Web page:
Niche Creativity curates educational information, digital and print resource training materials for career seekers obtaining insights on artistic and entrepreneurial career paths as well as virtual consulting to educators working in secondary and post-secondary education.
The idea for Finding Your Niche began several years ago, when I was an enthusiastic, full-time college student in her thirties. Excited about using my research material for a practical book for entrepreneurs, I breezed through my academic work with plans to publish and educate others about what I’d discovered. Dee Adams had her life mapped out.
But my plans were rudely interrupted one summer afternoon when a stranger attacked me while I was on a routine errand. Injured, I was forced to leave school and, in addition, had to endure a five-year legal battle. On a positive note, I learned a lot about the hidden side of business, law, medicine, self-employment and disability issues, and victim compensation pitfalls.
Still hindered by a neck and hand injury, I was determined to complete my project and not let my attacker get the best of me. The creative side of me knew that I still had an idea for a business book that filled a void in the marketplace.
My passion for entrepreneurial activities began one summer, at age 11, when I sold neighbors boxes of Christmas greeting cards advertised in the back of a magazine.
In my teens, I dabbled in importing and exporting, and then operated a home baking service. In my twenties, I started a number of ventures, including a barter club for business and professional people. I bought and sold apparel as a special-purchase broker, started a writing service called “Affairs of Heart,” and wrote gags for cartoonists.
An avid reader since childhood, I collected out-of-print and current books on business, marketing, and career subjects, and maintained a large clip file of offbeat and interesting start-up stories. I contacted people I read about in articles to gain an inside look behind the stories. The struggles in starting a new business intrigued me. I discovered that the major issue in the lives of many would-be entrepreneurs wasn’t so much how to manage a business but how to decide on the right venture.
This site you’re reading grew out of my dissatisfaction with the hundreds of business books and educational material I reviewed. Many such books contained only a single chapter on the topic of how to select a venture, and the job hunter’s classic, What Color is Your Parachute, contained less than five pages on the subject.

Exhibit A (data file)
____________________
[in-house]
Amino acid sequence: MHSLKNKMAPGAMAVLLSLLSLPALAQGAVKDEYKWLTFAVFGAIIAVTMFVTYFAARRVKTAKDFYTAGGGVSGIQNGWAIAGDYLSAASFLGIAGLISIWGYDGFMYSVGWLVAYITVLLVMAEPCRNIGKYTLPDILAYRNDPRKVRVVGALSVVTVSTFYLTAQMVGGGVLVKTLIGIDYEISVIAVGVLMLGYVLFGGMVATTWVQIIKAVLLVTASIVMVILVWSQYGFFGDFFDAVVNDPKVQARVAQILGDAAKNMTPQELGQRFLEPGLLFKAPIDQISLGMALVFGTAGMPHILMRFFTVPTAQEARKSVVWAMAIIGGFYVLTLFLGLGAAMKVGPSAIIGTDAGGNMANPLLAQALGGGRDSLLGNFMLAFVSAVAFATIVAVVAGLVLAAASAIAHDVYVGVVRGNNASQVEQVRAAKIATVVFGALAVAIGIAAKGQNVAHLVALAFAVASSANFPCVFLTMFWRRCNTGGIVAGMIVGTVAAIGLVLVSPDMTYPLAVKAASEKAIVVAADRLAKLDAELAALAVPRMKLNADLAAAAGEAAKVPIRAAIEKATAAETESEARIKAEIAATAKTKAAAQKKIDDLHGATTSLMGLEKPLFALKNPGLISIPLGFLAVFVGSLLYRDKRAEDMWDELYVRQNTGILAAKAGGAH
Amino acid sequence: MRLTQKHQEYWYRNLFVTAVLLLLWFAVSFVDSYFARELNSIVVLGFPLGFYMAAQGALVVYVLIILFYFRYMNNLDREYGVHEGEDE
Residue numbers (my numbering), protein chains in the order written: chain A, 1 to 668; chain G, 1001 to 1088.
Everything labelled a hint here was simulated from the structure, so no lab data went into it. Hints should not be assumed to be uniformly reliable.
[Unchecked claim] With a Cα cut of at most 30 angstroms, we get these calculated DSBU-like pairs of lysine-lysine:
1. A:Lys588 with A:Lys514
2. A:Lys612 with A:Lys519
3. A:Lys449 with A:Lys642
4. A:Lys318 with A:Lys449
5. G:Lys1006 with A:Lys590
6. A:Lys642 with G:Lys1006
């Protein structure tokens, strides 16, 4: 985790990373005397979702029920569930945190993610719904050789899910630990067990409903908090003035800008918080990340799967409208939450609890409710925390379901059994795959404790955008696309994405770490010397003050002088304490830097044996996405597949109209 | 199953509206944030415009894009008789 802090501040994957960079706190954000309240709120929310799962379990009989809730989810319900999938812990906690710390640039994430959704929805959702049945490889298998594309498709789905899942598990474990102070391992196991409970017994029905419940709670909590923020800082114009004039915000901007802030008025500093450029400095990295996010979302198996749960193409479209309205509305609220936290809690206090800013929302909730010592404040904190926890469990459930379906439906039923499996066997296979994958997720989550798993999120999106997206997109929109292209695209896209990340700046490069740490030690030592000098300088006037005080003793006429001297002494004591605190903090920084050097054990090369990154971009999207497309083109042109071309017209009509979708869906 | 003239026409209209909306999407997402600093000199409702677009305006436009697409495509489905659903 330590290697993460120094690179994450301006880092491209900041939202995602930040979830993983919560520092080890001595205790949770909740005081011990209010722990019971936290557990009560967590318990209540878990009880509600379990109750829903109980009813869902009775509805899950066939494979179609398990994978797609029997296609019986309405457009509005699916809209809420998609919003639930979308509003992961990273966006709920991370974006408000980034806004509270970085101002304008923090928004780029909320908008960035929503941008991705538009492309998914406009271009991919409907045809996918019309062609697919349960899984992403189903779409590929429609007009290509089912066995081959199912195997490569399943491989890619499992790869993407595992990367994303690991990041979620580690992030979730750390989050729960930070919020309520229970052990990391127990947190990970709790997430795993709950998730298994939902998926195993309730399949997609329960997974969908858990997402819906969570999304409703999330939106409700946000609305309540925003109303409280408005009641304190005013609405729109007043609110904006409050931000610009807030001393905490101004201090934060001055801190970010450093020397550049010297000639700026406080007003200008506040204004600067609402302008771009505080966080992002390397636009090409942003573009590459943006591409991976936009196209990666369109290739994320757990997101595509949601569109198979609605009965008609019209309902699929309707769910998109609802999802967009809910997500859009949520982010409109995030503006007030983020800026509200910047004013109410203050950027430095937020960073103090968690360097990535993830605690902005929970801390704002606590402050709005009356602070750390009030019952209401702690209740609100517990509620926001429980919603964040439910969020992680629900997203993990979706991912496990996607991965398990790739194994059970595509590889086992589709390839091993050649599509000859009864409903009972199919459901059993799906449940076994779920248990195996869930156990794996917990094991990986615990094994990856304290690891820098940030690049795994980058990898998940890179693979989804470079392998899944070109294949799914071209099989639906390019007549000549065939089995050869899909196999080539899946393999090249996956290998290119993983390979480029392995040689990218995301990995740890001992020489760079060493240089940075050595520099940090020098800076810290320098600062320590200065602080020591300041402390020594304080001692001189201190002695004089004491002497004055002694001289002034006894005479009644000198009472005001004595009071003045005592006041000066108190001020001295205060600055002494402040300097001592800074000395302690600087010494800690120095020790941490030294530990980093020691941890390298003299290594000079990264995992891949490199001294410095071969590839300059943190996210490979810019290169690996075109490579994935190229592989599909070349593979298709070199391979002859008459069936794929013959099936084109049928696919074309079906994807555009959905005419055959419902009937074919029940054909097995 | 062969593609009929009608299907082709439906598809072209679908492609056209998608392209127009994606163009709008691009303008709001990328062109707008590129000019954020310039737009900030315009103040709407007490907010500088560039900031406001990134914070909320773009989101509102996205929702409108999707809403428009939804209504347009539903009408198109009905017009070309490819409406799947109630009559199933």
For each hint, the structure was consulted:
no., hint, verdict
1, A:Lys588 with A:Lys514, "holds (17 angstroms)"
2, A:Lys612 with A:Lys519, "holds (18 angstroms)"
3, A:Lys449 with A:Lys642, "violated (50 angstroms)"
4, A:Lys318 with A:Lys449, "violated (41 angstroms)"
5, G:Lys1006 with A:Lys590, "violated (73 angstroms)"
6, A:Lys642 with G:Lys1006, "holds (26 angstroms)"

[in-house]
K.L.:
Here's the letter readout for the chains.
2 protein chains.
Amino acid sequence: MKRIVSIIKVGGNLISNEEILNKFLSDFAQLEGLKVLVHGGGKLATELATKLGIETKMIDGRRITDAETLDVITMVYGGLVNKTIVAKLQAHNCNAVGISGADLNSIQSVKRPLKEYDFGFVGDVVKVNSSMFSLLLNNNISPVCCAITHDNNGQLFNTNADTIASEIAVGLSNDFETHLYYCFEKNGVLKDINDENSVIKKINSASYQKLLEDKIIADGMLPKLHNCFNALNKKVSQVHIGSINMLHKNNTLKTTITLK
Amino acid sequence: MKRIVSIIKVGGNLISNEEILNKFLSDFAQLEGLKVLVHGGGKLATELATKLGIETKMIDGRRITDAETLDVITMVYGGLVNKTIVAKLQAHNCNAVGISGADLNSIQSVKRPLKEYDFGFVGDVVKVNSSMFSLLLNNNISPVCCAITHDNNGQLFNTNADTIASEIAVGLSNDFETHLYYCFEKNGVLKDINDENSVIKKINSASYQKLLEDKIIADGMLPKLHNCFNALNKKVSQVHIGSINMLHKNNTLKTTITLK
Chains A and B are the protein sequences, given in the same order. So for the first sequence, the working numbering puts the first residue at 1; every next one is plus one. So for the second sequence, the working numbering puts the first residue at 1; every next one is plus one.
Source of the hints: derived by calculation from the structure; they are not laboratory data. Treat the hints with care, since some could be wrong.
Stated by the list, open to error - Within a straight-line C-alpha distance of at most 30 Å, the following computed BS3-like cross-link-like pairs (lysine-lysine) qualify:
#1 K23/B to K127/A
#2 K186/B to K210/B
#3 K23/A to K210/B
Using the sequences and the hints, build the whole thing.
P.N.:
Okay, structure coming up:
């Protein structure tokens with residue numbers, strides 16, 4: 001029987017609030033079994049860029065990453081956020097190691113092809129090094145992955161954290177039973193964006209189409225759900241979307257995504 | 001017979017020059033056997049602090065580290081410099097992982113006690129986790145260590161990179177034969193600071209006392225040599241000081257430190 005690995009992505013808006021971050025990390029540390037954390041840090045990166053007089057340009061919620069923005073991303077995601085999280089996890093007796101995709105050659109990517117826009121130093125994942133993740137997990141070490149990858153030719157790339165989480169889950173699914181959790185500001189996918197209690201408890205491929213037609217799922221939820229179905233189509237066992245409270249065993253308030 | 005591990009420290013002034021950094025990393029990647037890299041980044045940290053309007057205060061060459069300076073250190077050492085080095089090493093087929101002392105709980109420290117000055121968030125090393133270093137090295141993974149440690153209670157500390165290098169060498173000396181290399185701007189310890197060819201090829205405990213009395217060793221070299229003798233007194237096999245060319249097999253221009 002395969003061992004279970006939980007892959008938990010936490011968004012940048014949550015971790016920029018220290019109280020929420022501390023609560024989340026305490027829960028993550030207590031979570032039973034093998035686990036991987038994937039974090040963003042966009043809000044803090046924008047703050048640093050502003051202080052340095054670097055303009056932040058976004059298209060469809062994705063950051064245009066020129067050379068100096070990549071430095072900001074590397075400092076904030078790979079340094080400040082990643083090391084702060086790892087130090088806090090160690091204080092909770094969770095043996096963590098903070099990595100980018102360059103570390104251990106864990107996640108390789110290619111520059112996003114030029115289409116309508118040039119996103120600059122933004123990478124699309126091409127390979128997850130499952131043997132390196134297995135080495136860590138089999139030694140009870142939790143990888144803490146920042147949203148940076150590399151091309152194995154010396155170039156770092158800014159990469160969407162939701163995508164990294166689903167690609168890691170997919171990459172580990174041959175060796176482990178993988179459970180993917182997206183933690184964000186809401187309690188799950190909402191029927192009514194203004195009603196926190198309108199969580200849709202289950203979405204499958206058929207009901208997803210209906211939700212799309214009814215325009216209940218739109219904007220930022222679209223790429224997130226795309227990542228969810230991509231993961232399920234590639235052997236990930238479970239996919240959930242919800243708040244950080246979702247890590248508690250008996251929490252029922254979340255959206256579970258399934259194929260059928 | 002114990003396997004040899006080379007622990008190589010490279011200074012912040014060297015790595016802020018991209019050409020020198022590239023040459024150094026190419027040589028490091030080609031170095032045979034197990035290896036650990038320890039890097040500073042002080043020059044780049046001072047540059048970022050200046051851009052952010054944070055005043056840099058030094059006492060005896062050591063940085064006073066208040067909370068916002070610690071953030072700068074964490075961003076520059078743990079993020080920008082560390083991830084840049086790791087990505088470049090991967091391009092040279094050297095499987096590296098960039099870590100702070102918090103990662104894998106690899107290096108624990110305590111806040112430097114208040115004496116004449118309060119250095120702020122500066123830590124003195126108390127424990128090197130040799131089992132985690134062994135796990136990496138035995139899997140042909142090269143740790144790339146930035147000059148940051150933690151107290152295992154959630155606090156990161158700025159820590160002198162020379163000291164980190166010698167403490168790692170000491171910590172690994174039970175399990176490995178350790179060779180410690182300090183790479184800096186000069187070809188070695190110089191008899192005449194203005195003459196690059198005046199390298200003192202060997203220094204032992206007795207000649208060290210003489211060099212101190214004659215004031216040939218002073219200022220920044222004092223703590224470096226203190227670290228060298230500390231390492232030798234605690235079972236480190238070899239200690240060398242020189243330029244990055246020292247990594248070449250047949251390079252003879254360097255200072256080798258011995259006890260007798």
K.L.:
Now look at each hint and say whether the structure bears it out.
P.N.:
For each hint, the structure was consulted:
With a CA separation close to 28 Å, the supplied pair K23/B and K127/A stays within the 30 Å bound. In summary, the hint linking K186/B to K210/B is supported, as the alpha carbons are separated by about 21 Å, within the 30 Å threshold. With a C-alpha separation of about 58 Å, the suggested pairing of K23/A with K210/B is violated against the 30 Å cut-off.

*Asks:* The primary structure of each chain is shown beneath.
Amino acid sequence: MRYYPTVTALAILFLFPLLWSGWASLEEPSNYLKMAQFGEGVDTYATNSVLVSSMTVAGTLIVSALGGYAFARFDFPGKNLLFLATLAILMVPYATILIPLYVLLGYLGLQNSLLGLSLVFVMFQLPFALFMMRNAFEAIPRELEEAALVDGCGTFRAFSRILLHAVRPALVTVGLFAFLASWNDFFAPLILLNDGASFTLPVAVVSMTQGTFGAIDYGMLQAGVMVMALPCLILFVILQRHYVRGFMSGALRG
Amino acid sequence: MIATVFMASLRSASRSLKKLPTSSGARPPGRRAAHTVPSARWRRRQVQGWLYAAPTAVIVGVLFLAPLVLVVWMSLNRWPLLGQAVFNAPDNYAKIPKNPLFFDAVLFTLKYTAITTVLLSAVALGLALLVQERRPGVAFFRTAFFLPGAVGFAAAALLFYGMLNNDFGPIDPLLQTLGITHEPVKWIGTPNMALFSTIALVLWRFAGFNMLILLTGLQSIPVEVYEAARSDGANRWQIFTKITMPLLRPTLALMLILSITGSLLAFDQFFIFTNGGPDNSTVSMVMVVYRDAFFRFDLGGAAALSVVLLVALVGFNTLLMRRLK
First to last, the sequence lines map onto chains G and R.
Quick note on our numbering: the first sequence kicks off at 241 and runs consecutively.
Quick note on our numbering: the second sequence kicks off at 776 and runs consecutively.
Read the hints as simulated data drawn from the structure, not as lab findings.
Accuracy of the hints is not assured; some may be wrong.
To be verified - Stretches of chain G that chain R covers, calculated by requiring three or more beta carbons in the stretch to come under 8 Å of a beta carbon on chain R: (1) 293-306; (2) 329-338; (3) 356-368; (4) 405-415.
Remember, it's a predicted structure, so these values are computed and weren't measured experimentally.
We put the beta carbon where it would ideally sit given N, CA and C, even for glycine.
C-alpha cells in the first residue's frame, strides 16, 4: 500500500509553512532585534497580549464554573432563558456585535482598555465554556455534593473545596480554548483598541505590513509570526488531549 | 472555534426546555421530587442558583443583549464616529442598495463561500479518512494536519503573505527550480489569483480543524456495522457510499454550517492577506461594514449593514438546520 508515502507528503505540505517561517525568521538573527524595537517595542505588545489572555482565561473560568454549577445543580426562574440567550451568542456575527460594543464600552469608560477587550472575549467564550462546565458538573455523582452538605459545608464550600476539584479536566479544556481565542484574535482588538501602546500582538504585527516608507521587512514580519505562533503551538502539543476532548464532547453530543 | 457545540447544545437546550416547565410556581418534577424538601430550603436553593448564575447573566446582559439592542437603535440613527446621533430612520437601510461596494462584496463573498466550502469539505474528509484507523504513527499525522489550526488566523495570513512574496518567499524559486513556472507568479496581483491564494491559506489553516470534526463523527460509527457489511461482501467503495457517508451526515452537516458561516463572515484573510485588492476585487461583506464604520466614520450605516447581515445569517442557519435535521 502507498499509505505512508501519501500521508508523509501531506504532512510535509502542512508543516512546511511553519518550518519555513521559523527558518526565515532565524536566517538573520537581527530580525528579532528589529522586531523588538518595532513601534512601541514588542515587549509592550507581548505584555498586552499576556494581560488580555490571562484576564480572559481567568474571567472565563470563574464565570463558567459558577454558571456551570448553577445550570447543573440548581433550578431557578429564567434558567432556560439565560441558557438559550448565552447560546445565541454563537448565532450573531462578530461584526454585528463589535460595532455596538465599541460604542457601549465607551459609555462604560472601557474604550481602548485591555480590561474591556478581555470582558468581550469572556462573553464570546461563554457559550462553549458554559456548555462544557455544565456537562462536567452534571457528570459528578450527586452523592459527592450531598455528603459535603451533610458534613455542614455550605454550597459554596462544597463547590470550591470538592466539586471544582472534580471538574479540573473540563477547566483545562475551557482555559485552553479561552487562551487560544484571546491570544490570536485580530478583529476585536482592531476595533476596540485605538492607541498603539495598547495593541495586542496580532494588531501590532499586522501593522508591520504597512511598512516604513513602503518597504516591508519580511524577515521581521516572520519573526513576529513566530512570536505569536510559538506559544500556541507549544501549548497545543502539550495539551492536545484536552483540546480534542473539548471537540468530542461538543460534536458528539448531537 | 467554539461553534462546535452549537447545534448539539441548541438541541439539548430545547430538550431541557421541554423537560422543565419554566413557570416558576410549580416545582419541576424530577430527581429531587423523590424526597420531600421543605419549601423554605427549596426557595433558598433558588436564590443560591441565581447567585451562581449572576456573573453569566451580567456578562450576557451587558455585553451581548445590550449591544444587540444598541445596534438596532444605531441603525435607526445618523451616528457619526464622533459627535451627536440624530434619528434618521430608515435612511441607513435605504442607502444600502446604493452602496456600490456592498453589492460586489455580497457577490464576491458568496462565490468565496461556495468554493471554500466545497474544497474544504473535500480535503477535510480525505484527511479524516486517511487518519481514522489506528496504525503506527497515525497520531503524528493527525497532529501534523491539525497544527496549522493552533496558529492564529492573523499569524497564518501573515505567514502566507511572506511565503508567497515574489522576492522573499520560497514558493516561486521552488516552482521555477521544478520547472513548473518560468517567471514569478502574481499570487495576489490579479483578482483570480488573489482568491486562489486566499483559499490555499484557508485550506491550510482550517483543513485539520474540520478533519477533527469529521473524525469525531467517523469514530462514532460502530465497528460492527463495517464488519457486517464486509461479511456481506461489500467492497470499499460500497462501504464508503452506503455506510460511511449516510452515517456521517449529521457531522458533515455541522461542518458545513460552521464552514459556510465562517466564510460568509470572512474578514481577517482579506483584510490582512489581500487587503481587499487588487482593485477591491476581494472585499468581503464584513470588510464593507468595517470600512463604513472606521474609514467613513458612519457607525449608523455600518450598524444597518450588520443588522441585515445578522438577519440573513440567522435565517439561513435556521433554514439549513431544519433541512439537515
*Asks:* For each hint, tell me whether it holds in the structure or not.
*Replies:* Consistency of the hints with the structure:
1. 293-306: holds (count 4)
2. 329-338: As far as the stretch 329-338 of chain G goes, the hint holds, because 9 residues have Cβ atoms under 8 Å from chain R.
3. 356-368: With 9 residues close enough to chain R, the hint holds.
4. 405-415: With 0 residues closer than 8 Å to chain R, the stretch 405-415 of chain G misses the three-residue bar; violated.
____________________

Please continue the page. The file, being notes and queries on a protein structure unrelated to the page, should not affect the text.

Even great books lacked the information I needed to make an informed choice about where I fitted into an entrepreneurial landscape. The self-help exercises and quizzes weren’t much help. I struggled with peculiar arrangements of questions as I strained to figure out which answers actually matched my situation. Sometimes none of them did.
As instructed, I made lists of my favorite activities and discovered that if I wrote honest answers, then reading and eating desserts topped the lists. Not a good sign. My inventory of work experience proved respectable, except that I was not passionate about my primary skills.
I had many interests and a strong attraction to business in general. I’d dive into a start-up with enthusiasm, like thousands of others, only to discover that the great idea wasn’t so great.
Then I realized I had answers for finding the right niche business under my nose. I owned files thick with documentation from successful entrepreneurs, magazine clips, and research results. My interest in business was to research and educate aspiring entrepreneurs who didn’t know what kind of self-employment path to follow! My excitement grew as I sensed the makings of a publication that could help folks avoid the experience I’d had, and teach them how to identify their place in the entrepreneurial world without the costly mistakes.
I prepared a brochure and press release and approached the very resource that had befriended me for years—libraries. I pitched the guide to librarians, who knew what questions people asked; what business folks craved to know when they came through the doors.
More than 70 libraries across the country bought my years of accumulated research on this issue. A first edition turned into a second.
Today, despite the unexpected challenges, I love what I do, —educating budding entrepreneurs about my mistakes and revelations.
A lot of business material is written for people who already know what business they want to start.
This blog, a companion to the print and eBook, Finding Your Niche, offers book excerpts, free and low-cost educational resources, and answers your questions about the search for self-employment.
Pursuing a start-up with wholehearted enthusiasm and hard-earned money and having those hopes dashed is frustrating. Whether you’ve never started a business or you’re recovering from a wrong choice, Finding Your Niche will guide you toward a venture you’ll want to stick with and continue for years to come.
The purpose of this blog is to provide information on how to choose a sideline or full-time venture. The author is not engaged in rendering legal advice of any kind. Seek professional advice from a qualified legal and accounting expert.